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Politics

Legislative Staff Remain In Limbo After Texas Supreme Court Declines To Overturn Abbott's Veto Of Funding For Salaries

Members of the Texas House of Representatives converse with one another
Gabriel C. Pérez
/
KUT
Members of the Texas House of Representatives converse with one another as the chamber remains "at ease" during the second special session on Monday.

Many of the people who are currently helping state lawmakers run the endless loop of legislative sessions this year are facing a lot of uncertainty when it comes to their own financial futures.

The Texas Supreme Court declined this week to block Gov. Greg Abbott’s veto of a part of the state budget, known as Article X, that pays for the salaries and benefits of more than 2,000 state workers. That includes legal counsel, administrators, clerks and a lot of folks in nonpolitical positions.

Abbott vetoed Article X as retribution for a group of Texas House Democrats walking out right before a final vote on a controversial voting bill during the regular session. The walkout denied Republicans in the House a quorum, so they were unable to hold the vote right before an important deadline.

“No pay for those who abandon their responsibilities,” he tweeted shortly after the walkout.

Rick Levy, president of the Texas AFL-CIO, says the group asked the Texas Supreme Court to overturn Abbott's veto because it was affecting the livelihood of state workers for political reasons.

“The governor basically used them as pawns in this,” he said.

But the court, which is made up entirely of Republicans, said state lawmakers currently "have the opportunity to vote to appropriate revenues to the legislative branch" during the ongoing special session.

The Legislative Budget Board said these workers will continue to be paid at least through the current special session that started Saturday.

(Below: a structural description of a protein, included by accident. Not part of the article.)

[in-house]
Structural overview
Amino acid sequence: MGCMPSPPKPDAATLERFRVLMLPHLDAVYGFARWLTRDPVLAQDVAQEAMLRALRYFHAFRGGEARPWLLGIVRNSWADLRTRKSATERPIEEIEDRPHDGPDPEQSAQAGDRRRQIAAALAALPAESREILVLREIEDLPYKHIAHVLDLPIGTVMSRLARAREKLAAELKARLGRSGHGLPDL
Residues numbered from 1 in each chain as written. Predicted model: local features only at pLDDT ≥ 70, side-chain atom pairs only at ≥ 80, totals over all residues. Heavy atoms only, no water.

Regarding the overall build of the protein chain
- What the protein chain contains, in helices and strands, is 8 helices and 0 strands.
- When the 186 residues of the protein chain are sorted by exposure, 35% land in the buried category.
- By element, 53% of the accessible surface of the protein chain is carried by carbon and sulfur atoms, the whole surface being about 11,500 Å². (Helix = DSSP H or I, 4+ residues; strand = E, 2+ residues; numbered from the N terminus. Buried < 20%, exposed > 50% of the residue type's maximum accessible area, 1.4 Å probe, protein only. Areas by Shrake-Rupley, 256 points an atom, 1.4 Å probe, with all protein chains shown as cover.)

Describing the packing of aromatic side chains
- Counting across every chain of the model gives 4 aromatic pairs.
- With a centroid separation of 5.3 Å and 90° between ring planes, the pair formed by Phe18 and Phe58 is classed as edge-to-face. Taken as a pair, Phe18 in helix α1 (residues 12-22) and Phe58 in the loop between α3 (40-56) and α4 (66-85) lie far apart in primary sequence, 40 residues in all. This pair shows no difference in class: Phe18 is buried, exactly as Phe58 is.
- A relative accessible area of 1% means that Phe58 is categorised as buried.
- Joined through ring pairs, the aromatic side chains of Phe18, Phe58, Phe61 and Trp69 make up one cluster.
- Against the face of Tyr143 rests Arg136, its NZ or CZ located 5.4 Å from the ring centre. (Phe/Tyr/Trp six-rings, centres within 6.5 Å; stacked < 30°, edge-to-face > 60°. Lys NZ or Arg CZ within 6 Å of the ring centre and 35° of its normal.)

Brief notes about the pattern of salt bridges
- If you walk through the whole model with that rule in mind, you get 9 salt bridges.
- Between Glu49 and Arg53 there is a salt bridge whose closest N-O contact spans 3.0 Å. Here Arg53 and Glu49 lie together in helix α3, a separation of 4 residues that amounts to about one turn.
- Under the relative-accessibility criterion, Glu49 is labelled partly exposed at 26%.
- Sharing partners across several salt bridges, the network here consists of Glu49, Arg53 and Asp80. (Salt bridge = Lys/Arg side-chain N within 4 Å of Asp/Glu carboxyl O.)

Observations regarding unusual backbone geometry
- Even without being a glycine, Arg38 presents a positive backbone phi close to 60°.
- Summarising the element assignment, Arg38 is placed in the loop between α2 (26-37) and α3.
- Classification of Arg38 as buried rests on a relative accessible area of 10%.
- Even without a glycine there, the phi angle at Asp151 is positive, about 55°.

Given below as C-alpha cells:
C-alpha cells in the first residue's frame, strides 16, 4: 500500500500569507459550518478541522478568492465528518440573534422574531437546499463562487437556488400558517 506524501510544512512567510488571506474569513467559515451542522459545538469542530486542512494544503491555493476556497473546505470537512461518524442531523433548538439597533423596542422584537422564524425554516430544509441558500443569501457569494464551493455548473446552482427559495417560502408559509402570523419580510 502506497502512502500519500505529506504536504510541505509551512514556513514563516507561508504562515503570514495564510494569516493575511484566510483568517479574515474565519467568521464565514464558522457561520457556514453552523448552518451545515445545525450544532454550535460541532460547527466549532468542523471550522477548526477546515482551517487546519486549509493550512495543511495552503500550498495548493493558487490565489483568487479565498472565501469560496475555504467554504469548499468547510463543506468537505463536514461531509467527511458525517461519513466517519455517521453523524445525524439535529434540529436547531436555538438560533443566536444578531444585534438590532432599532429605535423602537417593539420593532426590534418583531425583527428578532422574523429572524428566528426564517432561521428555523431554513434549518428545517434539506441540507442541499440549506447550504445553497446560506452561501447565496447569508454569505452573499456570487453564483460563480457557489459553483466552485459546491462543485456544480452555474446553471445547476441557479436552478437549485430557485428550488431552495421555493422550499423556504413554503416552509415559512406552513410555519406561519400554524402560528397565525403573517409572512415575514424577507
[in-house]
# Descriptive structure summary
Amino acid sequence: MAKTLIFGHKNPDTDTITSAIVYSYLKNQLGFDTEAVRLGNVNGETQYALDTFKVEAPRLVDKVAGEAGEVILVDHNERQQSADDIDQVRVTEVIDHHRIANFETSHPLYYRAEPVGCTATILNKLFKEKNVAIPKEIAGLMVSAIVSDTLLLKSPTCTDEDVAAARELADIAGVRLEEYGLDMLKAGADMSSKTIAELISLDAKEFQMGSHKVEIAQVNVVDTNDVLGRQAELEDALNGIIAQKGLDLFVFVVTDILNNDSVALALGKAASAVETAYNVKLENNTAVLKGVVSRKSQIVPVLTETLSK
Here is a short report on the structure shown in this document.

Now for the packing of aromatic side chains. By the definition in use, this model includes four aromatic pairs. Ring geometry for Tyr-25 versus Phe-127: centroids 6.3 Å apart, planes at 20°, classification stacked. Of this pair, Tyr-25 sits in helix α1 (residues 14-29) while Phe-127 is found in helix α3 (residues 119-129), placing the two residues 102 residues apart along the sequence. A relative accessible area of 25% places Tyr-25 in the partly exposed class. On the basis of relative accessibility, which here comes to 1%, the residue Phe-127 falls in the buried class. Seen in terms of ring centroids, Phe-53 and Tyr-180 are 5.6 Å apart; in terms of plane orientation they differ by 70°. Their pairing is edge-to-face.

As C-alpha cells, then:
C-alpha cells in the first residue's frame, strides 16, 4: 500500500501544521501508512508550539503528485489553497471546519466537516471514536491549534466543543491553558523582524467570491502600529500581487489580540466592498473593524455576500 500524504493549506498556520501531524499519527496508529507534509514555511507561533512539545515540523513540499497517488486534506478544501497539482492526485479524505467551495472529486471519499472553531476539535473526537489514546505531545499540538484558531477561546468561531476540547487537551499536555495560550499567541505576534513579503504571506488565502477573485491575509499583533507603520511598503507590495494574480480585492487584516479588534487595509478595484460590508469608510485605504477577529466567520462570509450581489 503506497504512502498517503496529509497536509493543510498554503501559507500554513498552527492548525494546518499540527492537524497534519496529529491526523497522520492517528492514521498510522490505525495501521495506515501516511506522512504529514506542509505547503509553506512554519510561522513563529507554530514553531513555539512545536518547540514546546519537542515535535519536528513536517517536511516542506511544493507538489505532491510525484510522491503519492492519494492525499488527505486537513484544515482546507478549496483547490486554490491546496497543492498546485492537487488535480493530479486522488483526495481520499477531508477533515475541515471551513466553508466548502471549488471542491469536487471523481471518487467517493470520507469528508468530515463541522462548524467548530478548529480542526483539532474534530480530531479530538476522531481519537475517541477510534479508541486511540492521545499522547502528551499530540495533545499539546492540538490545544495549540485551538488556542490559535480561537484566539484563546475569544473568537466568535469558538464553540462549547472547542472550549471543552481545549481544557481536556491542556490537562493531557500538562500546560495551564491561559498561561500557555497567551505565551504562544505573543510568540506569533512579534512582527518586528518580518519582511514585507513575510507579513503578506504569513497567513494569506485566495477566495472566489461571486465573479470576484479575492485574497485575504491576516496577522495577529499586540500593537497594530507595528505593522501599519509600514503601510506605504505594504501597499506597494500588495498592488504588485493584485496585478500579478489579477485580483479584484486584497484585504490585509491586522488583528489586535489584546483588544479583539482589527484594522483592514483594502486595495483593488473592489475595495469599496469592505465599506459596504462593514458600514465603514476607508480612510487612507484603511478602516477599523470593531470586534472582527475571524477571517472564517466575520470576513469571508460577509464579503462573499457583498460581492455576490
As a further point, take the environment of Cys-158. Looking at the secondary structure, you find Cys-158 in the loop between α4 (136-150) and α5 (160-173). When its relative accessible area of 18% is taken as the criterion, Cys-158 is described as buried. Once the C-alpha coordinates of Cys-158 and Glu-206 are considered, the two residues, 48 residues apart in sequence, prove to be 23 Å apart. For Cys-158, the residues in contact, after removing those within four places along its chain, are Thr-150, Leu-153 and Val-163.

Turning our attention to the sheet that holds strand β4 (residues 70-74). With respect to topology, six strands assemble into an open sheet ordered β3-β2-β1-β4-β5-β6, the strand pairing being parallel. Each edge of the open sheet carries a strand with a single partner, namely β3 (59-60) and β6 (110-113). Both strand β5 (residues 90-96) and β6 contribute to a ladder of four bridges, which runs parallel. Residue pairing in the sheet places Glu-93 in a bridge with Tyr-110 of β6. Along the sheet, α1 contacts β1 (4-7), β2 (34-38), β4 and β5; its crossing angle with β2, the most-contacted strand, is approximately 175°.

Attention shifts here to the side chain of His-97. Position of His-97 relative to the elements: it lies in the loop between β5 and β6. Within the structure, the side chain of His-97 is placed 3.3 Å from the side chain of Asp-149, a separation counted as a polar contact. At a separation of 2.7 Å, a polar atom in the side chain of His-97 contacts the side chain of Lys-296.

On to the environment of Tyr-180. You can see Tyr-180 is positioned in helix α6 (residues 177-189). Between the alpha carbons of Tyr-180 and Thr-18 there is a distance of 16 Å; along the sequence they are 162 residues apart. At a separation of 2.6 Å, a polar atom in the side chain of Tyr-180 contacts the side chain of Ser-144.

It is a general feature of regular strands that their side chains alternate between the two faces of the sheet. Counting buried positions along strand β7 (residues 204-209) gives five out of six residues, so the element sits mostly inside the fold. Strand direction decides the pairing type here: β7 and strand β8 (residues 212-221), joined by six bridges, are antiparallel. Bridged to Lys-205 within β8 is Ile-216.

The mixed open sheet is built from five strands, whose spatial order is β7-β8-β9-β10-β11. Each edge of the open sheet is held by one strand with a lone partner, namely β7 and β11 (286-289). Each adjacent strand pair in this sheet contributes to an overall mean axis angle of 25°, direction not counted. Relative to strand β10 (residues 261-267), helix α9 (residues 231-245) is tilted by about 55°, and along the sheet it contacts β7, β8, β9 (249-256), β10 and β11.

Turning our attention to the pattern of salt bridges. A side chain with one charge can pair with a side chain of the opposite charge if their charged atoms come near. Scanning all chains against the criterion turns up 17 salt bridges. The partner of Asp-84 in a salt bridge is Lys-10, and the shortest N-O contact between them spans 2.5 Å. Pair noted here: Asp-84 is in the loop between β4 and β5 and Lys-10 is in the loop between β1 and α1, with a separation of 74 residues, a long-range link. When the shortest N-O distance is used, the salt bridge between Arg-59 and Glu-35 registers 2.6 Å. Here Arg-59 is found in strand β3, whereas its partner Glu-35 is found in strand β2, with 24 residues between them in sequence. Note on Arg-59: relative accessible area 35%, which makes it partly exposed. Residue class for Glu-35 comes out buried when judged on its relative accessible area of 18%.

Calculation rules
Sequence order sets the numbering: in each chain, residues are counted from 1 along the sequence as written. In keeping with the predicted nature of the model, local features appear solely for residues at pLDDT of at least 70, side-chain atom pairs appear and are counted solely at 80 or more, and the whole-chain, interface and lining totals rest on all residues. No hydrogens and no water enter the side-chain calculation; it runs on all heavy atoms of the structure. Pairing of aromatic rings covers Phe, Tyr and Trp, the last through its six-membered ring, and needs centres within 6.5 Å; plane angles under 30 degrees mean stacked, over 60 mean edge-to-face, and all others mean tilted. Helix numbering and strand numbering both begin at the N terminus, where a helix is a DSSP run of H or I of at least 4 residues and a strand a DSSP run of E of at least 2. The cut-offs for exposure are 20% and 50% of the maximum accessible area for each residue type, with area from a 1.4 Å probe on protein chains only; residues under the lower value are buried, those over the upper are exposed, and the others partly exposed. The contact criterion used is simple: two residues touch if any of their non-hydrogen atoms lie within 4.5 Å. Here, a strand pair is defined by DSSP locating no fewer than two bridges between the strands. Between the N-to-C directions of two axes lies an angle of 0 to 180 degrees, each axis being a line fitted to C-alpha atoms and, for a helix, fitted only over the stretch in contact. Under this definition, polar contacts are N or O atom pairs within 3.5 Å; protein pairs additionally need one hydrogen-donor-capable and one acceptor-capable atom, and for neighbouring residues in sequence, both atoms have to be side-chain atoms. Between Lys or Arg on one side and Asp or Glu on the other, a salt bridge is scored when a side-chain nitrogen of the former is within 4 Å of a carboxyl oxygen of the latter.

What happens after that is up to the members of the Legislature, the Texas Supreme Court said in its ruling Tuesday. It said the issue is not between the governor and the Legislature.

“Rather, the principal dispute is among the members of the Legislature," it wrote.

Levy said the ruling denied thousands of workers peace of mind and that they are going to “continue to live under this cloud of uncertainty” as long the veto stands.

“Their lives are being directly affected by the governor’s action,” he said. “We have had folks tell us that the plans that they have made — whether it’s health care, whether it’s child care, whether it’s their families are pursuing other opportunities, whatever it is — that those are all have to be put on the back-burner because they just don’t know what the future holds.”

Abbott has included restoring Article X funding on the agendas of both special sessions, but Democrats have continued to deny House Republicans a quorum.

Levy said he’s calling on Abbott to restore the funding with “not strings attached” immediately.

“There is no reason not to do that,” he said.

If it’s left to lawmakers, Levy said they should take up Article X before any other business.

“It’s really frustrating to us that people who go to work for a living have to become the victims of the governor’s pursuit of this absolute power,” he said.

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